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Work Out on Your Period | Tips for Women's Health Month

By Leslie Barker

A few truisms about women, about health, about fitness:

We’re not smaller versions of men.

We work out differently.

We can get strong without getting bulky.

We probably don’t eat enough.

Our menstrual cycle explains a lot.

And … not only are we different from men, we’re also different from each other.

“Fitness is very individual,” says Alyssa Olenick, exercise physiologist and owner of Little Lyss Fitness, a training program that focuses on — music to the ears of Orangetheory Fitness — science. “There’s an overemphasis on saying everyone should train the same and that everyone’s period is the same.”

So what does your period have to do with working out? Well, once again that depends on you. The answer could be a lot … or not much.

“Some women feel the effects of their cycle,” Olenick says,“ and others are like, ‘Oh my gosh, I have to pay attention to yet another thing?’” says Olenick, whose doctoral studies include researching sex differences in metabolism and exercise. “Women don’t need to live and die by their menstrual cycles, but they should use them as a tool in their toolbox.”

Depending on where you are in your cycle, hormone fluctuation determines why you’re craving certain foods; how high or low your energy level might be; whether high-intensity workouts are worth plunging into or if you’d be better off skipping them.

We asked Olenick as well as registered dietitian and Orangetheory medical board member Kimberly Plessel to explain the four phases of menstruation and what each phase might mean as far as nutrition and exercise.

Menstruation. This phase starts with the first day of a woman’s period and lasts three to eight days. As estrogen levels rise, you may notice it’s harder to train at high intensities, Plessel says. To compensate, “during the first half of your cycle, you may need to increase your carbohydrate intake level.”

Some women may notice a slight potential decrease in performance during a workout, Olenick says. But, she adds, “the research isn’t strong enough to draw conclusions. Women can expect to be as great or maybe slightly less great, but it won’t hurt to work out during your period.”

Follicular phase. During this phase, which lasts 10 to 16 days, estrogen levels rise, peak as the phase ends, and drop just prior to ovulation.

“During this time, we tend to conserve glycogen and utilize more fat for fuel,” Plessel says. “If you notice it’s harder to train at high intensities during the first half of your cycle, you may need to increase your carbohydrate intake.”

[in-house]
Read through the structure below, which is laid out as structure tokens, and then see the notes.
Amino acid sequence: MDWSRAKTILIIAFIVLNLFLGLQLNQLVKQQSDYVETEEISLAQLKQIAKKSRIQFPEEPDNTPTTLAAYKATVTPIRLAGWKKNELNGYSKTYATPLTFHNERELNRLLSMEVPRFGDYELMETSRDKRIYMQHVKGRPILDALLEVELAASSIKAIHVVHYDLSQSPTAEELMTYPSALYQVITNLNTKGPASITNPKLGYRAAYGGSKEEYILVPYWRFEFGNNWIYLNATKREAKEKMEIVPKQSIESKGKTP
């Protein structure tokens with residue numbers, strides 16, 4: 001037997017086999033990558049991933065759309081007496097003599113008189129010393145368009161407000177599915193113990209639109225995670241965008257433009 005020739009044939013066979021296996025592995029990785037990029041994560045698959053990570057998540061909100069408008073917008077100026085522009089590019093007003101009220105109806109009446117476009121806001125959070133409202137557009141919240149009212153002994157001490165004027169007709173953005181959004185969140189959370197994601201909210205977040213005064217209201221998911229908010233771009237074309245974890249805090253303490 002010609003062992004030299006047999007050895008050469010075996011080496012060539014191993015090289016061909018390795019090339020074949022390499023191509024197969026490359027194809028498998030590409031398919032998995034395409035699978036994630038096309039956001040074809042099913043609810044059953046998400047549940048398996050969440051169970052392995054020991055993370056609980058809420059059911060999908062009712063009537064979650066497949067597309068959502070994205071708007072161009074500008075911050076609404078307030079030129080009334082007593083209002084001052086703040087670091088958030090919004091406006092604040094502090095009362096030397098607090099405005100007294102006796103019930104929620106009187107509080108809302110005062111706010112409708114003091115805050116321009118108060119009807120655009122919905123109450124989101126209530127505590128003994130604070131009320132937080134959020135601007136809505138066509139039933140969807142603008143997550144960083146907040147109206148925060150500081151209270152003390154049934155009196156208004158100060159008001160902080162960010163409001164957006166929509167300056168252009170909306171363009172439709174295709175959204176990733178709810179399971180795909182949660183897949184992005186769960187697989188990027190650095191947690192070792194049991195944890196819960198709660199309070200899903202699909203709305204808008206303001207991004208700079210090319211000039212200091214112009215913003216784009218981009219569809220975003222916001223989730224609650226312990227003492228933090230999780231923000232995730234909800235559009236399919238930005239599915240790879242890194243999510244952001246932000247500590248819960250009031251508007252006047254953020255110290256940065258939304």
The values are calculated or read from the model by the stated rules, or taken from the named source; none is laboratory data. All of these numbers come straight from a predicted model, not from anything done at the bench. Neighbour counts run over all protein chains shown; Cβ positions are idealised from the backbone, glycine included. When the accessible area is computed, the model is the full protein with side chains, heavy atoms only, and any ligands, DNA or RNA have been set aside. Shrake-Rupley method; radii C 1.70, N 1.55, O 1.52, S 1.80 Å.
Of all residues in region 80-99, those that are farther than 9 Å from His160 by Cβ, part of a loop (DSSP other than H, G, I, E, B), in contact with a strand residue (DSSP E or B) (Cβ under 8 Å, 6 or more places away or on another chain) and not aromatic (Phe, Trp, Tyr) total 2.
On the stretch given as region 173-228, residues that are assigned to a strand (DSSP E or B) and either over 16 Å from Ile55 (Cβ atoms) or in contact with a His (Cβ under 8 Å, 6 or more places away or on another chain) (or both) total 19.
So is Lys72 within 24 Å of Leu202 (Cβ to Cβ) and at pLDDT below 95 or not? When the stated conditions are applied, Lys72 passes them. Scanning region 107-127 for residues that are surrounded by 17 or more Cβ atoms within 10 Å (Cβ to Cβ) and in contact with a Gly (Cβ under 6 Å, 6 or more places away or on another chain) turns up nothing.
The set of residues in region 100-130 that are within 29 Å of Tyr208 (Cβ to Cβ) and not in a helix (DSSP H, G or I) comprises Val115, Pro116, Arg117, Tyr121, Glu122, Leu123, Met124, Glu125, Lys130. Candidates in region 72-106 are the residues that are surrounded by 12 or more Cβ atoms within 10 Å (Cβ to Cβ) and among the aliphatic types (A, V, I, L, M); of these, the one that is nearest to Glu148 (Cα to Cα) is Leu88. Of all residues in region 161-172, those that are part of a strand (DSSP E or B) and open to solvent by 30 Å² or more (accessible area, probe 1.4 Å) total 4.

Ovulation. This prime time to become pregnant occurs midway between your cycle. “Some people say you’ll have your best workout week going into ovulation,” says Olenick. “But others say injury rates are higher during this time.”

Yet another reminder that we’re all different.

Luteal phase. During this final phase, which lasts around 14 days, progesterone becomes the most dominant hormone, setting off PMS symptoms that tend to occur during the latter part of this phase.

During this time,” Olenick says, “progesterone and estrogen are really high, so there is an effect on hydration status and heart rate. It’s really important during this time to hone your nutrition. Make sure you’re putting an extra emphasis on recovery if you feel run-down during those weeks.”

Increasing your protein will help you feel more satiated, Plessel says. “Consuming 15 to 25 grams every three to four hours is more supportive than consuming it all at once.”

During this time, striking a balance between carbs and fat is important, she says. “Carbohydrates provide fiber for satiety, nutrients for health, and calories to prevent the breakdown of lean muscle mass for fuel.”

Additionally, she says, “give yourself permission to increase your fat intake a few days prior to menstruation.” Opt for nuts, avocado, fatty fish such as salmon, or even dark chocolate.

Above all, listen to your body. “There are real, biological reasons contributing to these symptoms. Try to avoid labeling food as good or bad, or attaching a sense of morality to your choices.”

As progesterone levels rise, so does body temperature, she says. “If you notice a reduced tolerance for heat, you may fatigue earlier in your workouts. Ensure you’re hydrating with adequate fluid intake, especially if you are exercising in hot or humid environments.”

Yes, that’s a lot to take in; if you’re confused or want more clarification, check with your health care professional. Again, experts advise that you use such information as one of many tools to make sure you’re doing the best you can for your body.

Here are a few more:

Eat enough. “Undereating is rampant in female populations,” Olenick says. “Women need to make sure they’re eating enough calories, especially if they’re doing a lot of high-demand exercise, and are hydrated. If advice is a pyramid, that would be at the bottom; it’s most important.”

Temper your high-intensity workouts. Yes, they’re wonderful, improving cardiovascular, aerobic, and anaerobic fitness; lowering blood pressure; reducing body fat while maintaining muscle mass. But there’s a reason that Orangetheory recommends you limit its workouts to two to three workouts every week; namely, that recovery is imperative, and a mix of movement makes for better fitness.

“You can do HIIT at any phase of your cycle,” Olenick says. “Just don’t overuse it,  especially if you’re not sleeping enough or eating enough to support it.”

Strength train. A lot of women worry they will get bulky, but we don’t have the potential to do that,” she says. “We’re as capable of getting stronger as men are.”